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    https://www.youtube.com/watch?v=oiJxycvvy1c (UKY Engineering ... Electrical & Computer Engineering - University of Kentucky)

    "the computer engineer"

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    logical vs. intuitive

    A) left hemisphere vs. right hemisphere

    B) comparison vs. creativity
    I think the logical type is analytical and the intuitive type is synthetical, and high-level programming is mainly about creativity, so my current view is that "the programmer" and "the theoretical physicist" are the same type.

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    I think the logical type is analytical and the intuitive type is synthetical, and high-level programming is mainly about creativity, so my current view is that "the programmer" and "the theoretical physicist" are the same type.
    Another way of looking at it is that "the programmer"/"the theoretical physicist" is creative with mathematical objects (geometric shapes etc), "the chess player" is creative with objects, "the lawyer" is creative with words and the "the experimental physicist" is creative with (mathematical) data.

    brain1.jpg

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    "the computer engineer" is creative with (mathematical) symbols.

    "the ​mathematician" is creative with real objects/geometric shapes.

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    There are many different kinds of programming so "the programmer" is probably not a good name. For example, video game programming can attract an intuitive type with a leading Si.

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    https://www.youtube.com/watch?v=5xQ4ePN79-M (Numberphile2 ... Nash Embedding Theorem - Numberphile)

    John Nash's and Edward Crane's type is "the theoretical physicist".

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    https://www.youtube.com/watch?v=gjVDqfUhXOY (Numberphile ... Billionaire Mathematician - Numberphile)

    Jim Simons' type is probably the extroverted version of "the theoretical physicist".

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    A)

    Carlo Rovelli, Sean Carroll, Max Tegmark: introvert, a planner, primary PFS, leading Se, the right hemisphere, intuitive (creativity)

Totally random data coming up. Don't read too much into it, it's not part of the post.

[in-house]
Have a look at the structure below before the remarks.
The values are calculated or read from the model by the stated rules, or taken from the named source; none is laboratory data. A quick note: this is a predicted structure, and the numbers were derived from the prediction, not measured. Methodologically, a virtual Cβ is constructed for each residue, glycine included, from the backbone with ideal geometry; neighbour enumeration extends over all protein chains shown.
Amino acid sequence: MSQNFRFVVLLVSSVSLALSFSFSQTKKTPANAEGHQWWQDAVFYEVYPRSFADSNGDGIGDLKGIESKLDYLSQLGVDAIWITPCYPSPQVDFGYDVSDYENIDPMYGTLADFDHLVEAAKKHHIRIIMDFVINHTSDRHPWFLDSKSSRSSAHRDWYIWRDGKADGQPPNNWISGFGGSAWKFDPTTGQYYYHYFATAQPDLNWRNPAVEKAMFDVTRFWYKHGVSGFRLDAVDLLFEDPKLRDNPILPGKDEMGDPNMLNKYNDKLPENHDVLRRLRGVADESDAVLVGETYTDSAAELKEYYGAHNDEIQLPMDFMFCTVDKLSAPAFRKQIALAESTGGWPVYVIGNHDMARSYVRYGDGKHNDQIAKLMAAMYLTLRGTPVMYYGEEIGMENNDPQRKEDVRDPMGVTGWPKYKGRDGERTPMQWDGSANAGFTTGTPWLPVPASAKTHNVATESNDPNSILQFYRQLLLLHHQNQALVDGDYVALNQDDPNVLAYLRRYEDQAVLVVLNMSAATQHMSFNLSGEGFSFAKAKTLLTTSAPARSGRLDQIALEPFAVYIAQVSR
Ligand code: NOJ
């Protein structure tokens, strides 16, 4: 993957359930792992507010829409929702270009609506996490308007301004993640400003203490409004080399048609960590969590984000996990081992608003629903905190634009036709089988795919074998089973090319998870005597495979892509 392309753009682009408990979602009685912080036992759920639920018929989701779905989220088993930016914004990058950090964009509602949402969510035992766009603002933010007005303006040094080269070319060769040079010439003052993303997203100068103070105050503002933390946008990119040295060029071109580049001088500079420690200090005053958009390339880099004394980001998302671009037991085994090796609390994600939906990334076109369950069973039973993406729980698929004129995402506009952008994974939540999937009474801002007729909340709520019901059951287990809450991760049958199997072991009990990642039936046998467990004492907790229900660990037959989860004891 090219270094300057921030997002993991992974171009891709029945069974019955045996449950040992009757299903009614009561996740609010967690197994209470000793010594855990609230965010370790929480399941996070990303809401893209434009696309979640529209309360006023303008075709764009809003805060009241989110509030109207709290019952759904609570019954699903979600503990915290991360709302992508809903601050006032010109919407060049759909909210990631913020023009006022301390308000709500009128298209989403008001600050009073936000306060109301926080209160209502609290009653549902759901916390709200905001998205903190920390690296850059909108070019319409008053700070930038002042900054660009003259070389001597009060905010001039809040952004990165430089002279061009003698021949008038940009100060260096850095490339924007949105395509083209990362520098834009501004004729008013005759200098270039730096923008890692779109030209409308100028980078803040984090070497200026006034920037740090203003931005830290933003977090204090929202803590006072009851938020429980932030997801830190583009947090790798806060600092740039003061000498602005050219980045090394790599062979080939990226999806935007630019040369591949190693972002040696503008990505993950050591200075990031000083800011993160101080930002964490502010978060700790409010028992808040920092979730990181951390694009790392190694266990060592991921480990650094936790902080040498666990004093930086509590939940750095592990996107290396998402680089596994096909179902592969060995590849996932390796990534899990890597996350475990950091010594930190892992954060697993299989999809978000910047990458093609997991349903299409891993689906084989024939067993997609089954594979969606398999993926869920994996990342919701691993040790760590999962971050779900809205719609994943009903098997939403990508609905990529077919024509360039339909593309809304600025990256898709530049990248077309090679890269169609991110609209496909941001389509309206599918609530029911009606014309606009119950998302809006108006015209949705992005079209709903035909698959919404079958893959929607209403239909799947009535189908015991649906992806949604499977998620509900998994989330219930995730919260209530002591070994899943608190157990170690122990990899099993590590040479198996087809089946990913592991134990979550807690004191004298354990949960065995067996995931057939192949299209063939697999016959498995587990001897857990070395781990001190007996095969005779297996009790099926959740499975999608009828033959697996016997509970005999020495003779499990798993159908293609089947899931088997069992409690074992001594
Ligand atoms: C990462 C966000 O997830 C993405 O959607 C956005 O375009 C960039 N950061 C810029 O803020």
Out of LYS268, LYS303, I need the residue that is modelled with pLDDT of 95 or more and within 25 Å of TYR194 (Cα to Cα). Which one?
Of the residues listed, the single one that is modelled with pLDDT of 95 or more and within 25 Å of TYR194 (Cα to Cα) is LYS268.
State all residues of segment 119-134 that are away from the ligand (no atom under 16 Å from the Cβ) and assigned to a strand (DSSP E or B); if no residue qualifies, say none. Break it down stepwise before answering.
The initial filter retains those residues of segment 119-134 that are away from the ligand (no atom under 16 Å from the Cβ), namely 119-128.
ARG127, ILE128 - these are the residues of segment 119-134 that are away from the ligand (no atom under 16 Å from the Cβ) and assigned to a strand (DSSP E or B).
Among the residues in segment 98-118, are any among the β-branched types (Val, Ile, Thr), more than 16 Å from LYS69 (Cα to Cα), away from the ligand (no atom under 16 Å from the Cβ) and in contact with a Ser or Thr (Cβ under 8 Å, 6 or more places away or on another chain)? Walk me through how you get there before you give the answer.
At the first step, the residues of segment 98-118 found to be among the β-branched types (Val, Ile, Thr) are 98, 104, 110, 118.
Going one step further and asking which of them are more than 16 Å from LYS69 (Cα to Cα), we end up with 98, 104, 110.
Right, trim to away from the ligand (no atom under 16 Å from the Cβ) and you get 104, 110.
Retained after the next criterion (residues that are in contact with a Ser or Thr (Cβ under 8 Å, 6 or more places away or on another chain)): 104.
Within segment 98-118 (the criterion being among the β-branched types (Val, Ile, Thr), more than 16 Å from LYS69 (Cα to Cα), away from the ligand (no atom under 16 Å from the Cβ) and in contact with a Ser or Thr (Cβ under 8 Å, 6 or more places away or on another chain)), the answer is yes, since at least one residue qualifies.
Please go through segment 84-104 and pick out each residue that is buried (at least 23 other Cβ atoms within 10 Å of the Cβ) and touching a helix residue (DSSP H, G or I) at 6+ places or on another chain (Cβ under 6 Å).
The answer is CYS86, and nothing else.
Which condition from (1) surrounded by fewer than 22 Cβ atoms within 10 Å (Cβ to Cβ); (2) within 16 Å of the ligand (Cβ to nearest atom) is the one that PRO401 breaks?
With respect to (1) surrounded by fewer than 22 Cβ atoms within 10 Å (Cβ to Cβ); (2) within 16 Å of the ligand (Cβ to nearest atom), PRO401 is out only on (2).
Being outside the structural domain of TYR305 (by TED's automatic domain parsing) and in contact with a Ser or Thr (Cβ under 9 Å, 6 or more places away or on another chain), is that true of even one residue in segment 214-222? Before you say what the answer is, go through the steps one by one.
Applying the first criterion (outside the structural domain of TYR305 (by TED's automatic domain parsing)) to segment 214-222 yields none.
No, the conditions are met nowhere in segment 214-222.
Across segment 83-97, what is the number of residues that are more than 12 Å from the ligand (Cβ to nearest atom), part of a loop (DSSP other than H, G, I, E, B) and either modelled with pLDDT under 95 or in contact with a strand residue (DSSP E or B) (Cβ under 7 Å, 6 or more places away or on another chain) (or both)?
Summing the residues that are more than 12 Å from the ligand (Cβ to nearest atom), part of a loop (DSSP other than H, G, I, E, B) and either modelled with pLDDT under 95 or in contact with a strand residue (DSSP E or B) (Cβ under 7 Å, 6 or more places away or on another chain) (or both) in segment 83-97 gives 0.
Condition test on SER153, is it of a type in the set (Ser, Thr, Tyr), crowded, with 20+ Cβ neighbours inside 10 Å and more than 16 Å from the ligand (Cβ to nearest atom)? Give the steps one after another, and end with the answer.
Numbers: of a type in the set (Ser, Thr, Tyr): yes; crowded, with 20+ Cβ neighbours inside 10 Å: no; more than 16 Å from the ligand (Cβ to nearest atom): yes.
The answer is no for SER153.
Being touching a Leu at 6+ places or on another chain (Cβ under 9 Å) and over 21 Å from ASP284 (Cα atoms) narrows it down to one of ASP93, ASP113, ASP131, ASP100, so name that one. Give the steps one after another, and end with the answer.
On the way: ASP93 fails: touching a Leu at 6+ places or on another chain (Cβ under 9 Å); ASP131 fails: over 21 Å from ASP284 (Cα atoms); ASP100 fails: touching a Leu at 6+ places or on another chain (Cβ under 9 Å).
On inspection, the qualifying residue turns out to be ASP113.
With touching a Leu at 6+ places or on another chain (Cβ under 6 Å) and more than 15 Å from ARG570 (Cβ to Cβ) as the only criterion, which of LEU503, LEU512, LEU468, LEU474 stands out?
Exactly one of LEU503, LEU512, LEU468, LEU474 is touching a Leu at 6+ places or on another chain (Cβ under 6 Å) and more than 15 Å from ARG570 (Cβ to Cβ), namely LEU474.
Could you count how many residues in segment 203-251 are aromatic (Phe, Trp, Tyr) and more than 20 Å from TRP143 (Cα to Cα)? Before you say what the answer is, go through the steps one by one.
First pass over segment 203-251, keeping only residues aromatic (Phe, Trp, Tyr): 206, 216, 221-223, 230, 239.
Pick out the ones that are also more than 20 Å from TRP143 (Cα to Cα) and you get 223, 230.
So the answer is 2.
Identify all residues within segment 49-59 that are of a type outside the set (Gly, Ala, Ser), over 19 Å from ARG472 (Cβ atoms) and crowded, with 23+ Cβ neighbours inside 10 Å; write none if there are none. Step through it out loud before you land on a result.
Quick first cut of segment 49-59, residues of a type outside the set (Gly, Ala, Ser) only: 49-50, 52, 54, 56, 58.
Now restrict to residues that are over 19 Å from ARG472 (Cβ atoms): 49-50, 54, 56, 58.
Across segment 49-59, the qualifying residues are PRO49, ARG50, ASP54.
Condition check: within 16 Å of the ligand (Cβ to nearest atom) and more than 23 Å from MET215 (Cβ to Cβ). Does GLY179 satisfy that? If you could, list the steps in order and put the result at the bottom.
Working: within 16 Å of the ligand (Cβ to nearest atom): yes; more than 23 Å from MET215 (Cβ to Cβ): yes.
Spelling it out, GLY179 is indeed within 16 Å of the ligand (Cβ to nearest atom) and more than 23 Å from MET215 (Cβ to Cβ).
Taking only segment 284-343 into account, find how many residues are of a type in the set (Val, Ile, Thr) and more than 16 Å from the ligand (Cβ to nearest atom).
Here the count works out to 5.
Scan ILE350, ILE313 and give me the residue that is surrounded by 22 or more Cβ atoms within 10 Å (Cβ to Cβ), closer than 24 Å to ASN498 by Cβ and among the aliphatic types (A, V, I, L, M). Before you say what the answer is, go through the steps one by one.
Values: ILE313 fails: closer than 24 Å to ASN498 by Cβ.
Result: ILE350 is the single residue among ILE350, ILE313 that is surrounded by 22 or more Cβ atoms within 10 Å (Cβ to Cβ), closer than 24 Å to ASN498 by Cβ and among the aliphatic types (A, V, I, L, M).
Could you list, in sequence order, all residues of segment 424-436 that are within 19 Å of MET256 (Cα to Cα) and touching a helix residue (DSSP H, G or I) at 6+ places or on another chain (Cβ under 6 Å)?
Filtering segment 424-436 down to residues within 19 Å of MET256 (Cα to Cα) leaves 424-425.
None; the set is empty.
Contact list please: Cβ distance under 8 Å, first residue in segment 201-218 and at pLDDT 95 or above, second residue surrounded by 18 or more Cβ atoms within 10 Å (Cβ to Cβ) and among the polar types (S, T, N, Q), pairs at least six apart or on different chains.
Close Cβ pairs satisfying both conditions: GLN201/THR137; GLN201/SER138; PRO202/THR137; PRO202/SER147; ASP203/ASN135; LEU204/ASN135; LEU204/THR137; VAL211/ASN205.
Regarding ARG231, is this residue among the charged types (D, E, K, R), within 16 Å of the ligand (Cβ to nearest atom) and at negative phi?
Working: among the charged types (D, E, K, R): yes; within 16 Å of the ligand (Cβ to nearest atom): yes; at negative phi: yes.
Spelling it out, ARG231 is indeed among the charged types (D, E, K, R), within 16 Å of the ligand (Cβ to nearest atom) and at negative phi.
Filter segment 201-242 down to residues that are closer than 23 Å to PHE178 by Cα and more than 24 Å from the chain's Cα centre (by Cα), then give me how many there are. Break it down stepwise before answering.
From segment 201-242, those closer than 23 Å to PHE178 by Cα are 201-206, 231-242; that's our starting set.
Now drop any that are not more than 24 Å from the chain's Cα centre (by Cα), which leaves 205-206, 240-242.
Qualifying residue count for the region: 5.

John Nash, Bill Gates, Mark Zuckerberg: introvert, a planner, primary PFS, leading Se, the right hemisphere, logical (comparison)

    ------

    There could be two subtypes of "the theoretical physicist".

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    A)

    Carlo Rovelli, Sean Carroll, Max Tegmark: introvert, a planner, primary PFS, leading Se, the right hemisphere, intuitive (creativity)

    John Nash, Bill Gates, Mark Zuckerberg: introvert, a planner, primary PFS, leading Se, the right hemisphere, logical (comparison)

    ------

    There could be two subtypes of "the theoretical physicist".
    This would explain the difference between the theoretical physicist and the (applied) mathematician/the programmer.

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    https://en.wikipedia.org/wiki/Mathem...etical_physics

    The term "mathematical physics" is sometimes used to denote research aimed at studying and solving problems in physics or thought experiments within a mathematically rigorous framework. In this sense, mathematical physics covers a very broad academic realm distinguished only by the blending of some mathematical aspect and physics theoretical aspect. Although related to theoretical physics, mathematical physics in this sense emphasizes the mathematical rigour of the similar type as found in mathematics.

    On the other hand, theoretical physics emphasizes the links to observations and experimental physics, which often requires theoretical physicists (and mathematical physicists in the more general sense) to use heuristic, intuitive, and approximate arguments. Such arguments are not considered rigorous by mathematicians, but that is changing over time.